“I think you can say that tens of people had problems like these,” he said. “Eckstein, instead of sitting with the Jewish Agency and connecting and doing things together, prefers to do things alone. And what happens in the end is that the immigrants get hurt by it.”
According to Ariela Vole Laniado, who heads the IFCJ aliyah program, last week’s flight was overbooked and much of the immigrants’ luggage was slated to arrive on a flight the next day.
“We knew it in advance, the olim knew it in advance. And this is what happened,” she said, adding that everyone on the flight received an identification number and would receive their official paperwork as soon as the Immigration and Absorption Ministry processed everyone. The decision to issue cards or just numbers is one made by the government, according to the IFCJ.
“We knew exactly what we were doing, we gave the best service we could,” she said.
There are volunteers tasked with helping the new immigrants in the communities to which they are moving who are available to help with any issue that crops up, from furniture to emergency medical treatments, she added.
“What a shame that instead of bringing more Jews to Israel, the Jewish Agency, an organization that for 90 years was instrumental in bringing Jews to Israel from the four corners of the world, is now spending its time bemoaning the loss of its aliyah empire by grasping at straws and disseminating petty press releases against those who are doing the job better than they,” IFCJ spokeswoman Tali Aronsky told the Post.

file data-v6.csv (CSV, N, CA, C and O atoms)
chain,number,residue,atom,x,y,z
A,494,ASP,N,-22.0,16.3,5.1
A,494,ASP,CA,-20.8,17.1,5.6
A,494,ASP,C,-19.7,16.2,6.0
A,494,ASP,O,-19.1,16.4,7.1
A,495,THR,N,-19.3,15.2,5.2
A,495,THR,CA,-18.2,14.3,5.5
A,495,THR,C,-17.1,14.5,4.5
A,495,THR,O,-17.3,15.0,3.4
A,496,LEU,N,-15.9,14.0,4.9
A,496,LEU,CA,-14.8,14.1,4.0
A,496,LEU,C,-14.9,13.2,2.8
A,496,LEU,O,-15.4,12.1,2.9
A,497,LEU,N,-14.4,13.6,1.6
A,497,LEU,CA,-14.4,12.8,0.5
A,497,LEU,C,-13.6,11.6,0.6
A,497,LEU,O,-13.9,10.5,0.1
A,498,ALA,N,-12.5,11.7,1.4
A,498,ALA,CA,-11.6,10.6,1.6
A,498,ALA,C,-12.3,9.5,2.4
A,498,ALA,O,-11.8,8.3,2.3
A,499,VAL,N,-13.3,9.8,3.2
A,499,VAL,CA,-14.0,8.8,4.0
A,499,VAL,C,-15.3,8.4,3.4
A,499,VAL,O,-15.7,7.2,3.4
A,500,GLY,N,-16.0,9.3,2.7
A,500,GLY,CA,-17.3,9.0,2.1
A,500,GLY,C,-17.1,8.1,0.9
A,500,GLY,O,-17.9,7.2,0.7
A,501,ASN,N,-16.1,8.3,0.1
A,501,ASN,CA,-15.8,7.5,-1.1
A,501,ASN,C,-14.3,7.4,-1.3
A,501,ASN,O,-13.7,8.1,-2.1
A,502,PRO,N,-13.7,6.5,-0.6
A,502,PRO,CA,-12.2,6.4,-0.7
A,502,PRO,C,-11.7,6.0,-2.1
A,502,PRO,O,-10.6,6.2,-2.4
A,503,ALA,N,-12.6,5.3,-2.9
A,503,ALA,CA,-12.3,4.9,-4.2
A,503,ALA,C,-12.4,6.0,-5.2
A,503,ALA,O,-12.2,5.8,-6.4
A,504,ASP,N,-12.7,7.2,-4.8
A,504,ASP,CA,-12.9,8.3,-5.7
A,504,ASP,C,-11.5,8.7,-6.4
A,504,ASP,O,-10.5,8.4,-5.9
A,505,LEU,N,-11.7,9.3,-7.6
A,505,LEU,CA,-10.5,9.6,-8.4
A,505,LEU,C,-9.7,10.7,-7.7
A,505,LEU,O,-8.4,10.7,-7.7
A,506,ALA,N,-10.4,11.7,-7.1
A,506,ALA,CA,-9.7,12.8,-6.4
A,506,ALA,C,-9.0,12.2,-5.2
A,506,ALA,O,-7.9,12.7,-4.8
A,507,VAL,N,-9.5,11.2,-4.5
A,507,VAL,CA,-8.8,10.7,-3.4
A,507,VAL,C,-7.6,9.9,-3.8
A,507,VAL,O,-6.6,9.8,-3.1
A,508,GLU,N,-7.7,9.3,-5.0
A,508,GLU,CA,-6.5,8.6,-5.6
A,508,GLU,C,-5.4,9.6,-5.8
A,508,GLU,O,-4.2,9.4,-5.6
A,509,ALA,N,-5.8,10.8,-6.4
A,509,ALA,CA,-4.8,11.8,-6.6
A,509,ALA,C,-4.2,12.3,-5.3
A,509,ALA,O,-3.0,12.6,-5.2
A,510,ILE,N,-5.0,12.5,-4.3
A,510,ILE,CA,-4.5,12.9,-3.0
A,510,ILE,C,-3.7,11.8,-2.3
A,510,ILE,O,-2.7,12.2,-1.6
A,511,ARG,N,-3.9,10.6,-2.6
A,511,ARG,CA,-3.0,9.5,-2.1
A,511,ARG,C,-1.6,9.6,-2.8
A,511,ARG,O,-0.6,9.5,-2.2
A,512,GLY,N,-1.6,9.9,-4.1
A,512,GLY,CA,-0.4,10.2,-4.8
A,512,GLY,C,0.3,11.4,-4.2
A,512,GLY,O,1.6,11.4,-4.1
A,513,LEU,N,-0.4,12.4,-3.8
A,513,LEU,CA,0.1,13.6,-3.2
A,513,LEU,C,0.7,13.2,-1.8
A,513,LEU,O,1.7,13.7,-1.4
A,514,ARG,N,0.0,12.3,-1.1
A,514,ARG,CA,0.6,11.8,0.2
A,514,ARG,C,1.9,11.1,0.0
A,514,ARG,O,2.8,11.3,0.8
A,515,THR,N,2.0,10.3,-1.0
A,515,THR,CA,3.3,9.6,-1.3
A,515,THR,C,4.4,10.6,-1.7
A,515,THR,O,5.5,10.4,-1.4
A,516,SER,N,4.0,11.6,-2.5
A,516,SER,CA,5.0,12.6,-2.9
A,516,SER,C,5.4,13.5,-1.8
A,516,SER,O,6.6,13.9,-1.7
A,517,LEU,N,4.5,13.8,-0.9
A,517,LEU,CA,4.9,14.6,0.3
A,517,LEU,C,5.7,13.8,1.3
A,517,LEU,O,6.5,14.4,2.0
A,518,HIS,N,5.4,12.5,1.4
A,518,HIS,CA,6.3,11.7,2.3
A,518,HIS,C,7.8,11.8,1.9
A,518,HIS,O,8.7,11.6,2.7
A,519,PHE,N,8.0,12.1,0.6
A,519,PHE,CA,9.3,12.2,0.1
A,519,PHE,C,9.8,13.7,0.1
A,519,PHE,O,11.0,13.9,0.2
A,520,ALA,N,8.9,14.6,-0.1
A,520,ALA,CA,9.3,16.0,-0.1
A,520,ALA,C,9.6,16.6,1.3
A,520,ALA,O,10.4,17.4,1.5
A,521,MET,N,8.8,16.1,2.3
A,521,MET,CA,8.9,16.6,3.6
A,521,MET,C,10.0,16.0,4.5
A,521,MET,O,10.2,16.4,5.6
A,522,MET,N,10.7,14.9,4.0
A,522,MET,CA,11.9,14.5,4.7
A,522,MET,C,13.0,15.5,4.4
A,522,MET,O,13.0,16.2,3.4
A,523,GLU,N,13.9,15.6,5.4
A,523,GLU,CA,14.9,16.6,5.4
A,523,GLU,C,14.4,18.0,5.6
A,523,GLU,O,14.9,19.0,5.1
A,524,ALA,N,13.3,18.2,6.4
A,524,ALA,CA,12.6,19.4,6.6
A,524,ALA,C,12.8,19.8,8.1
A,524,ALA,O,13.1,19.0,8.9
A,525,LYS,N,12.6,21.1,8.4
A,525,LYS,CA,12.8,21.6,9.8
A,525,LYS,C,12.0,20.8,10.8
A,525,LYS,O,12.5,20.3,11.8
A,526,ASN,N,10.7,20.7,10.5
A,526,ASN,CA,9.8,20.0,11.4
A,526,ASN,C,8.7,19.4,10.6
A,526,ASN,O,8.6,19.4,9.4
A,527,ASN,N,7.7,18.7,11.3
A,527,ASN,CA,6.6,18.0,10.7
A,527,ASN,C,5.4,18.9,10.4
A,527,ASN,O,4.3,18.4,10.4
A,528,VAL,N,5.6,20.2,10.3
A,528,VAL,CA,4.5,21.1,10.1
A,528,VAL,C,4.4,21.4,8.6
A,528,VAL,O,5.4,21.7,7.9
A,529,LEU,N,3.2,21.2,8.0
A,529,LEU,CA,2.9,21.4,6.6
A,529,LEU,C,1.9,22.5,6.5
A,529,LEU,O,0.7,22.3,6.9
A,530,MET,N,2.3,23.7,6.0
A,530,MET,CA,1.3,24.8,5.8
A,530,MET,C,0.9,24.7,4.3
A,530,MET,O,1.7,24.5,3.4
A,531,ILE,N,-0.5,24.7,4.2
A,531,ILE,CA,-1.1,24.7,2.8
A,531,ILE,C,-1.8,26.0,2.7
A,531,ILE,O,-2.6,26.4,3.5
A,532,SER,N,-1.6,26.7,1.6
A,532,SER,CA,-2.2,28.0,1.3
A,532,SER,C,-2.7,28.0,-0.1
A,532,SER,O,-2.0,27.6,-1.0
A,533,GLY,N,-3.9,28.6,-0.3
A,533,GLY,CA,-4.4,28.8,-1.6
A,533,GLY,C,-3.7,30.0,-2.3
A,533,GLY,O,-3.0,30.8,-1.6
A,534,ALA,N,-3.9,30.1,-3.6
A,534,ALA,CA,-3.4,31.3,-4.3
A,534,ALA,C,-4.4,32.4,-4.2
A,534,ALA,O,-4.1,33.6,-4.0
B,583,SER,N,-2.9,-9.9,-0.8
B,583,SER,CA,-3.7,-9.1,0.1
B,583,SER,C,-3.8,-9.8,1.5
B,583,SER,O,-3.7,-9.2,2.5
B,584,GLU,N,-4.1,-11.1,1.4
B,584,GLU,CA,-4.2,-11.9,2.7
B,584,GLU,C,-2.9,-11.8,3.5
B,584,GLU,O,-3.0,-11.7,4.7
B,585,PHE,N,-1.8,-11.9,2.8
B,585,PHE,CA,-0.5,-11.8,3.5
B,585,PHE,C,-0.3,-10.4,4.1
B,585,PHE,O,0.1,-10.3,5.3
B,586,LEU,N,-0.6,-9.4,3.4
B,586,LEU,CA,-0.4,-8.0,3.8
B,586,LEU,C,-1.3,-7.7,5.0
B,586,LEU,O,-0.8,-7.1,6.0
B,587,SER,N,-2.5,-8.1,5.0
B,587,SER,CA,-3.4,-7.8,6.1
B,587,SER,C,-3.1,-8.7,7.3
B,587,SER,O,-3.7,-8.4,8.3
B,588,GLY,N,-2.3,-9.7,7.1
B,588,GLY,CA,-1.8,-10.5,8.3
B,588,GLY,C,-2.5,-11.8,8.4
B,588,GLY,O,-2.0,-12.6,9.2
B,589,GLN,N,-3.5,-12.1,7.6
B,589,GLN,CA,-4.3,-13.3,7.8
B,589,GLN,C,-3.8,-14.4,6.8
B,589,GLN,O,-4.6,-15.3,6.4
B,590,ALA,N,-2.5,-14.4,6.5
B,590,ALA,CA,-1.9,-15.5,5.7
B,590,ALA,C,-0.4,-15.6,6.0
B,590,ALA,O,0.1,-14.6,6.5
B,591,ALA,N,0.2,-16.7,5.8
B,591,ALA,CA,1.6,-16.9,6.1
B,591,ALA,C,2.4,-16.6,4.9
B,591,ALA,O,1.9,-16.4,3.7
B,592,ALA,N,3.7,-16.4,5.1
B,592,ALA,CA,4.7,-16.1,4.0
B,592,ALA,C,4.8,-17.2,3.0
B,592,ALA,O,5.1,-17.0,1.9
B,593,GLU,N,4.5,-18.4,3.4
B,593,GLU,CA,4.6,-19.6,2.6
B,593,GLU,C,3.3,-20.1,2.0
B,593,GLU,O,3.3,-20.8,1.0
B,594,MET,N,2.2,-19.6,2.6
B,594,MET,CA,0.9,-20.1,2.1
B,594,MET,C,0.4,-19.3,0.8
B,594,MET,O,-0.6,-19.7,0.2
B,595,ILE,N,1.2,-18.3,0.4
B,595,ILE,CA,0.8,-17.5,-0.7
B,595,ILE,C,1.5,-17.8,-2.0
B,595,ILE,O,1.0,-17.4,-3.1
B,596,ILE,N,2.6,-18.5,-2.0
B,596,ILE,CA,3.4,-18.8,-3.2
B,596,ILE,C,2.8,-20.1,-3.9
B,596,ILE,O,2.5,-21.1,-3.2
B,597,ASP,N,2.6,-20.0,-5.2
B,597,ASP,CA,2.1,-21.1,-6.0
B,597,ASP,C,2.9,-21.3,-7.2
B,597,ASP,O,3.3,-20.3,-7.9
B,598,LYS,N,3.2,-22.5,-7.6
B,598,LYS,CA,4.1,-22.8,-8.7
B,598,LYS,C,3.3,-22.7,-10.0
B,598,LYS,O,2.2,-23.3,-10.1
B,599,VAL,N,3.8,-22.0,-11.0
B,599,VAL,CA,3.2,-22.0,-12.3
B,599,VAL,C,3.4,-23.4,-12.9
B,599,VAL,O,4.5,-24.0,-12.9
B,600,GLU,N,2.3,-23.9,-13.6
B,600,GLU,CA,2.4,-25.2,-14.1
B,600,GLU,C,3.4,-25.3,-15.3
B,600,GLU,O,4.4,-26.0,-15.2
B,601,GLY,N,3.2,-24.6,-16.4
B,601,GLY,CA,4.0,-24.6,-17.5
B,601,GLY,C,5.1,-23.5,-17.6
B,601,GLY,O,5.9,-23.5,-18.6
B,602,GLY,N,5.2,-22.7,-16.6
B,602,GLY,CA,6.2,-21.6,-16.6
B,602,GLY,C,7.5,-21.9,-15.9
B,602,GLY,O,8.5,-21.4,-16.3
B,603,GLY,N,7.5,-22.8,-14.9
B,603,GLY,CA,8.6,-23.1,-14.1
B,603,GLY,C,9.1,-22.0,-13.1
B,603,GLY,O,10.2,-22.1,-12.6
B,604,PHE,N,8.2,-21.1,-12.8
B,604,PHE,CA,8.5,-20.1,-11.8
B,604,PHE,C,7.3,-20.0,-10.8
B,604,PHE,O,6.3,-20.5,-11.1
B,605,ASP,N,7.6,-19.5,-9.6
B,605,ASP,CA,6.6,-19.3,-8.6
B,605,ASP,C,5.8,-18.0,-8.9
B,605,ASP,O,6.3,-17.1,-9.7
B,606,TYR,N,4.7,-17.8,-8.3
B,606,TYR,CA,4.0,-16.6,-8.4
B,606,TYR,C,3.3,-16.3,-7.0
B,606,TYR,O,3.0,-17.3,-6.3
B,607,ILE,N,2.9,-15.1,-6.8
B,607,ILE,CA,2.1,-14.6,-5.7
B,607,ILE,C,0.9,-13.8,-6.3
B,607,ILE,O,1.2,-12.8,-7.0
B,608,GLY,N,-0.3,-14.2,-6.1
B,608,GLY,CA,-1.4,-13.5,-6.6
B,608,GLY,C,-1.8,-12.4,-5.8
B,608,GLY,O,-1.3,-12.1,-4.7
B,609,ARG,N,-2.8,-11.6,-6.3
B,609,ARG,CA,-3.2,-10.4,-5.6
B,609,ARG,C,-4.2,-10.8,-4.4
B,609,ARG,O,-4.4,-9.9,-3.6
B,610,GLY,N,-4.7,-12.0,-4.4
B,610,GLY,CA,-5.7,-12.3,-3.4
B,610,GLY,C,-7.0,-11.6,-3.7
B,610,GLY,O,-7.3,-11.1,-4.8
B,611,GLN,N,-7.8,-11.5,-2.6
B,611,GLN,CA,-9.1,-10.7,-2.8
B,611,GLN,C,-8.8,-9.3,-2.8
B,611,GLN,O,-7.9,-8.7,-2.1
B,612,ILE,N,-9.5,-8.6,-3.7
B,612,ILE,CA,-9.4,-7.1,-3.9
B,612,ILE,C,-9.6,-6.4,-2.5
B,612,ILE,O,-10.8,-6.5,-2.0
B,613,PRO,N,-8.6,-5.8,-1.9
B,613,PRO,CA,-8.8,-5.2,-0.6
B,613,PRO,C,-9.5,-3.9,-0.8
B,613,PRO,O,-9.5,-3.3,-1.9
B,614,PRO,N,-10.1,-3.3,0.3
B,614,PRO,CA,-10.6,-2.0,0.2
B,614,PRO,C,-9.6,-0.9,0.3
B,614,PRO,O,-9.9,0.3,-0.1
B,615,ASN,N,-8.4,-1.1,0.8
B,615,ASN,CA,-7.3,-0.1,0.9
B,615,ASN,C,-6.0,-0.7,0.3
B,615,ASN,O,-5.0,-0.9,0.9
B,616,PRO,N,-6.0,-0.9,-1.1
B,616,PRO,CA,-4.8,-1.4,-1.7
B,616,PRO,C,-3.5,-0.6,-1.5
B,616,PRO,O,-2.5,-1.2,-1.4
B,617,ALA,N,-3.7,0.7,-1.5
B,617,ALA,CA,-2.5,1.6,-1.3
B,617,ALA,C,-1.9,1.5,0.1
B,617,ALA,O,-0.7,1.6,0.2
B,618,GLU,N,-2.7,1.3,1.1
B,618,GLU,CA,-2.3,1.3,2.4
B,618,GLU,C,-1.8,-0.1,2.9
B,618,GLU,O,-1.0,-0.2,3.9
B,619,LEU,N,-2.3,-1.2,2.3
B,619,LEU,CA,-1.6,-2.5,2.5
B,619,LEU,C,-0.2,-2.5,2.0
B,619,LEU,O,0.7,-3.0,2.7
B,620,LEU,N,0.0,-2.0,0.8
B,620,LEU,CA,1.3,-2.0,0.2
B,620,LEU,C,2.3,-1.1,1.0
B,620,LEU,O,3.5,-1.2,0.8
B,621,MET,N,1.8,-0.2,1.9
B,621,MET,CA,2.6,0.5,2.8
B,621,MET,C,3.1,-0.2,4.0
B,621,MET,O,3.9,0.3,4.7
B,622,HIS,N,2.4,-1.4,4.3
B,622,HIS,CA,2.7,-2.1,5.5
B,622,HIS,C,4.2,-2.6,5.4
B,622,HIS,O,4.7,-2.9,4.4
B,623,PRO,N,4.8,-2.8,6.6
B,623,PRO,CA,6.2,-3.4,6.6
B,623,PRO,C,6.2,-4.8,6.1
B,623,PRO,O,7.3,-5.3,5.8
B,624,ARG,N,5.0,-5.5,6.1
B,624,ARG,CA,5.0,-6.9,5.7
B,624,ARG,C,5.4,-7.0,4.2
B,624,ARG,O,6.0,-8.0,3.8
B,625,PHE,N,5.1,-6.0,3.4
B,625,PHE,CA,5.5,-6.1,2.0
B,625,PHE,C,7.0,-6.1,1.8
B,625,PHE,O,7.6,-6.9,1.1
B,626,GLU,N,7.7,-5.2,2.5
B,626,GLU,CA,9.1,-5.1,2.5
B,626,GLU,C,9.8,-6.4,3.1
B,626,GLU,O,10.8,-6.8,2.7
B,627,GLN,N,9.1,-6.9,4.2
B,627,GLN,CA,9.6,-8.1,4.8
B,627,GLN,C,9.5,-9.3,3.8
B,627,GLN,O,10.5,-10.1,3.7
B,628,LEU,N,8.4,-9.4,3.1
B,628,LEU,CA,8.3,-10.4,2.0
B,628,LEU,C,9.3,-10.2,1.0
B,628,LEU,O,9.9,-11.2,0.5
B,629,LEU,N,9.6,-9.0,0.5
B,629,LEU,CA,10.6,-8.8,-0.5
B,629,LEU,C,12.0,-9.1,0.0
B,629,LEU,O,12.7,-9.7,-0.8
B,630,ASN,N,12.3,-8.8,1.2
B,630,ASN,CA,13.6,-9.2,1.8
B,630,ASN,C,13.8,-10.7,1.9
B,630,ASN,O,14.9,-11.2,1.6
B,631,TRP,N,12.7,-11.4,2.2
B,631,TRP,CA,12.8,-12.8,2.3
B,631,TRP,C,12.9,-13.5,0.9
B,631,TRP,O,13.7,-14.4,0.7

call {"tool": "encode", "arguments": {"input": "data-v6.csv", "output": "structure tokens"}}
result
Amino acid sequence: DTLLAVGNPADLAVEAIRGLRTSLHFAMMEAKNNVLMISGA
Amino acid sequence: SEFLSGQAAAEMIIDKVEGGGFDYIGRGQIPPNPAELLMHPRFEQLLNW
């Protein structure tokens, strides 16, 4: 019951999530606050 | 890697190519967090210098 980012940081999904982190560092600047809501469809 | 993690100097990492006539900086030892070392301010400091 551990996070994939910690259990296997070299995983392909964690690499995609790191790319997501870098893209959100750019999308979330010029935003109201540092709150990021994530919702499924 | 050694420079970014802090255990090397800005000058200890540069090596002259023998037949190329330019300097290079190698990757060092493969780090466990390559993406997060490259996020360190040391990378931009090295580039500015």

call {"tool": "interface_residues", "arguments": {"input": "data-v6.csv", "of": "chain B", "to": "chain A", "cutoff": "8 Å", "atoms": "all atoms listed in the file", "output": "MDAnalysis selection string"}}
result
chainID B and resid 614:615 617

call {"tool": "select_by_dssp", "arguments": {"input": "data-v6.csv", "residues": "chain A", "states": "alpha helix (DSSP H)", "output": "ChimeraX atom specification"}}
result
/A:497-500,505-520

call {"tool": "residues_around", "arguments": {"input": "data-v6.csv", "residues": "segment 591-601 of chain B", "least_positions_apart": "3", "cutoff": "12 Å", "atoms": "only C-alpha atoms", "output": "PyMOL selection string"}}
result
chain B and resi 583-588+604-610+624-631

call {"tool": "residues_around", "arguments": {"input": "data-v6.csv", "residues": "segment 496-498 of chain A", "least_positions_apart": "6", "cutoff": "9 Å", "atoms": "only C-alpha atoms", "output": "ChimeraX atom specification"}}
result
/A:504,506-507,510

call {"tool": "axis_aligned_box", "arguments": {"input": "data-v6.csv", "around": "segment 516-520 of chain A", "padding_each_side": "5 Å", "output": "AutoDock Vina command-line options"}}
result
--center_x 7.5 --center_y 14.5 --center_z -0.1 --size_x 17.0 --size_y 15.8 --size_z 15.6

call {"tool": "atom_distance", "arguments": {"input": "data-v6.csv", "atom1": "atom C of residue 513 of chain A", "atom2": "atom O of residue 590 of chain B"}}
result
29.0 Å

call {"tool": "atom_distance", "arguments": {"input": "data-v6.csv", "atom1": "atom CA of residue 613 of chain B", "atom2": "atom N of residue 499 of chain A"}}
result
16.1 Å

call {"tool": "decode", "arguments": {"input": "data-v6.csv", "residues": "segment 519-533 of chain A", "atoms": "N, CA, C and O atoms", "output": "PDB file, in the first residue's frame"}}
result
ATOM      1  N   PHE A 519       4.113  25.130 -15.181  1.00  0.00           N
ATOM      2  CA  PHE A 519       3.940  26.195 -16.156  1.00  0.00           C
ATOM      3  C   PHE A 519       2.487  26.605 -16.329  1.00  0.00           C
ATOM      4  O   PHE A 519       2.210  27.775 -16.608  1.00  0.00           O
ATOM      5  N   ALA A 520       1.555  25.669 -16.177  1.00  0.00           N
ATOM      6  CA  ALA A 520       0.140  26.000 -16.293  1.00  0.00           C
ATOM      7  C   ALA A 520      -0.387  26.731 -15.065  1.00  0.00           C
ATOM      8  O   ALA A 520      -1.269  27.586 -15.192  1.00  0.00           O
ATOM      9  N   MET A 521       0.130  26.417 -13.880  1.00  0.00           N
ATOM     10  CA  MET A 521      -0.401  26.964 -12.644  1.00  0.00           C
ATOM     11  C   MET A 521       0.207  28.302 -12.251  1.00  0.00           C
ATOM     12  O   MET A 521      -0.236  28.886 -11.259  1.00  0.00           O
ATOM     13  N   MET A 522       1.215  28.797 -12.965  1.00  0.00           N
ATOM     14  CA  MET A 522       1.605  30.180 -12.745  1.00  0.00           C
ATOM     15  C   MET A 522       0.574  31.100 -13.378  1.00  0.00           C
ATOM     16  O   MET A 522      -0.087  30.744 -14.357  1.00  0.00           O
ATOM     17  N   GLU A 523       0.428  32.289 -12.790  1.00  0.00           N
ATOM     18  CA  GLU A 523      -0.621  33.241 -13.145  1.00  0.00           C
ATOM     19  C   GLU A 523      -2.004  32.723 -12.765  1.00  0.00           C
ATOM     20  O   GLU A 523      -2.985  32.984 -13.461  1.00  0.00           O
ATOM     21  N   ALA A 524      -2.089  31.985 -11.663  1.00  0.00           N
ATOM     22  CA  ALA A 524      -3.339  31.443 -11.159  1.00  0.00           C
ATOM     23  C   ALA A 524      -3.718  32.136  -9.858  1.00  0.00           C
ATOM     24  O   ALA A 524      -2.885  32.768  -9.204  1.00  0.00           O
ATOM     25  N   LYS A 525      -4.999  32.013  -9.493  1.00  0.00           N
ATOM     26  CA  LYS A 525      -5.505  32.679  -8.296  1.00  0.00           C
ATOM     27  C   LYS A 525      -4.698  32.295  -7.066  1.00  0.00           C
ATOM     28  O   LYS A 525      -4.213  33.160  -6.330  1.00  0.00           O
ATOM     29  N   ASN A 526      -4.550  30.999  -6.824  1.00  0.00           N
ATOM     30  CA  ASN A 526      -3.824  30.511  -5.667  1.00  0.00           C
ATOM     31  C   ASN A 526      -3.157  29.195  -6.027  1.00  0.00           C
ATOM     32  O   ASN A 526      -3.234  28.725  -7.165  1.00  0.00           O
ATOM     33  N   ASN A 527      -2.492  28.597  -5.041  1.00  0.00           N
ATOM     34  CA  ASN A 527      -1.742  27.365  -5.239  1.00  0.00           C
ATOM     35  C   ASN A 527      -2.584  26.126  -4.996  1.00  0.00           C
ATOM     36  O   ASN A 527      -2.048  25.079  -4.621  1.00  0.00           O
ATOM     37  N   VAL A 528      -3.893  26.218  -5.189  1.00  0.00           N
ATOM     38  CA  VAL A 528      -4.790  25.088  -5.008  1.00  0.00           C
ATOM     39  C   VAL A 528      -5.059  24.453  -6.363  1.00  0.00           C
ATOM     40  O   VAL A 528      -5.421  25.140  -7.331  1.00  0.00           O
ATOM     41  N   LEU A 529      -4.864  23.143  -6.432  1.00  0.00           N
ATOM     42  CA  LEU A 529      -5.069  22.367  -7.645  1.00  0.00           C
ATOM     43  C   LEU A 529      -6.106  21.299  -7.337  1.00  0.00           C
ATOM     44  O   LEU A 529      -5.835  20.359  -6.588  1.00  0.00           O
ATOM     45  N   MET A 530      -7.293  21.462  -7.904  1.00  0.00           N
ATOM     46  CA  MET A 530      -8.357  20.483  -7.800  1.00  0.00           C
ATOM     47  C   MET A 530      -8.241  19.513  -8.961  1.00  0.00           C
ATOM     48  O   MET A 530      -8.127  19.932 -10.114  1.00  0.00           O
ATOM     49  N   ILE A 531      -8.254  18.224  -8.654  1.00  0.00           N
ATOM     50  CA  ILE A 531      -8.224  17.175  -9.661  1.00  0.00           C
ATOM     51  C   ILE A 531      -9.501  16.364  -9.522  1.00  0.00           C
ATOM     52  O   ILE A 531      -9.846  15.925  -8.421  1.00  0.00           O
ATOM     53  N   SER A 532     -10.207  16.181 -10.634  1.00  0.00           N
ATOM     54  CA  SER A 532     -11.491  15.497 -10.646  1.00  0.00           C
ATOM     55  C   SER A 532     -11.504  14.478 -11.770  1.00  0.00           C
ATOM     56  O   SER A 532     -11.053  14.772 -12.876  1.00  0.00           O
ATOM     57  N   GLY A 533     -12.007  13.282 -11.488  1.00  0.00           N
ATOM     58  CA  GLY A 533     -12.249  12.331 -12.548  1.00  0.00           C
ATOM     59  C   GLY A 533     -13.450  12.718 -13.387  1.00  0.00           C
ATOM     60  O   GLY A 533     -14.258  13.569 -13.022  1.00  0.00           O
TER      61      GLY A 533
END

In response, a senior agency official said that he believed that the IFCJ had “bitten off more than it can chew, and it is now directly harming the very people it purports to be helping.”
Calling reports that the agency had shut down its aliyah operation “tired nonsense,” he pointed to the more than 26,000 new immigrants who arrived last year and said that “no organization is more deeply involved and invested in aliyah than the Jewish Agency is. Our entire organizational budget is geared toward deepening Jewish identity around the world and thus increasing aliyah, and – as recent aliyah data clearly shows – our strategy is working. The crusty tactics of yesteryear are no longer relevant, and the bottom line is that the Jewish Agency’s notion of aliyah as the culmination of a sustained, long-term process of identity-building and Israel engagement is proving itself.”
“The notion that a thinly staffed, inexperienced organization could produce more immigration from Western countries by tossing wads of dollars at people is laughable and frankly somewhat offensive.”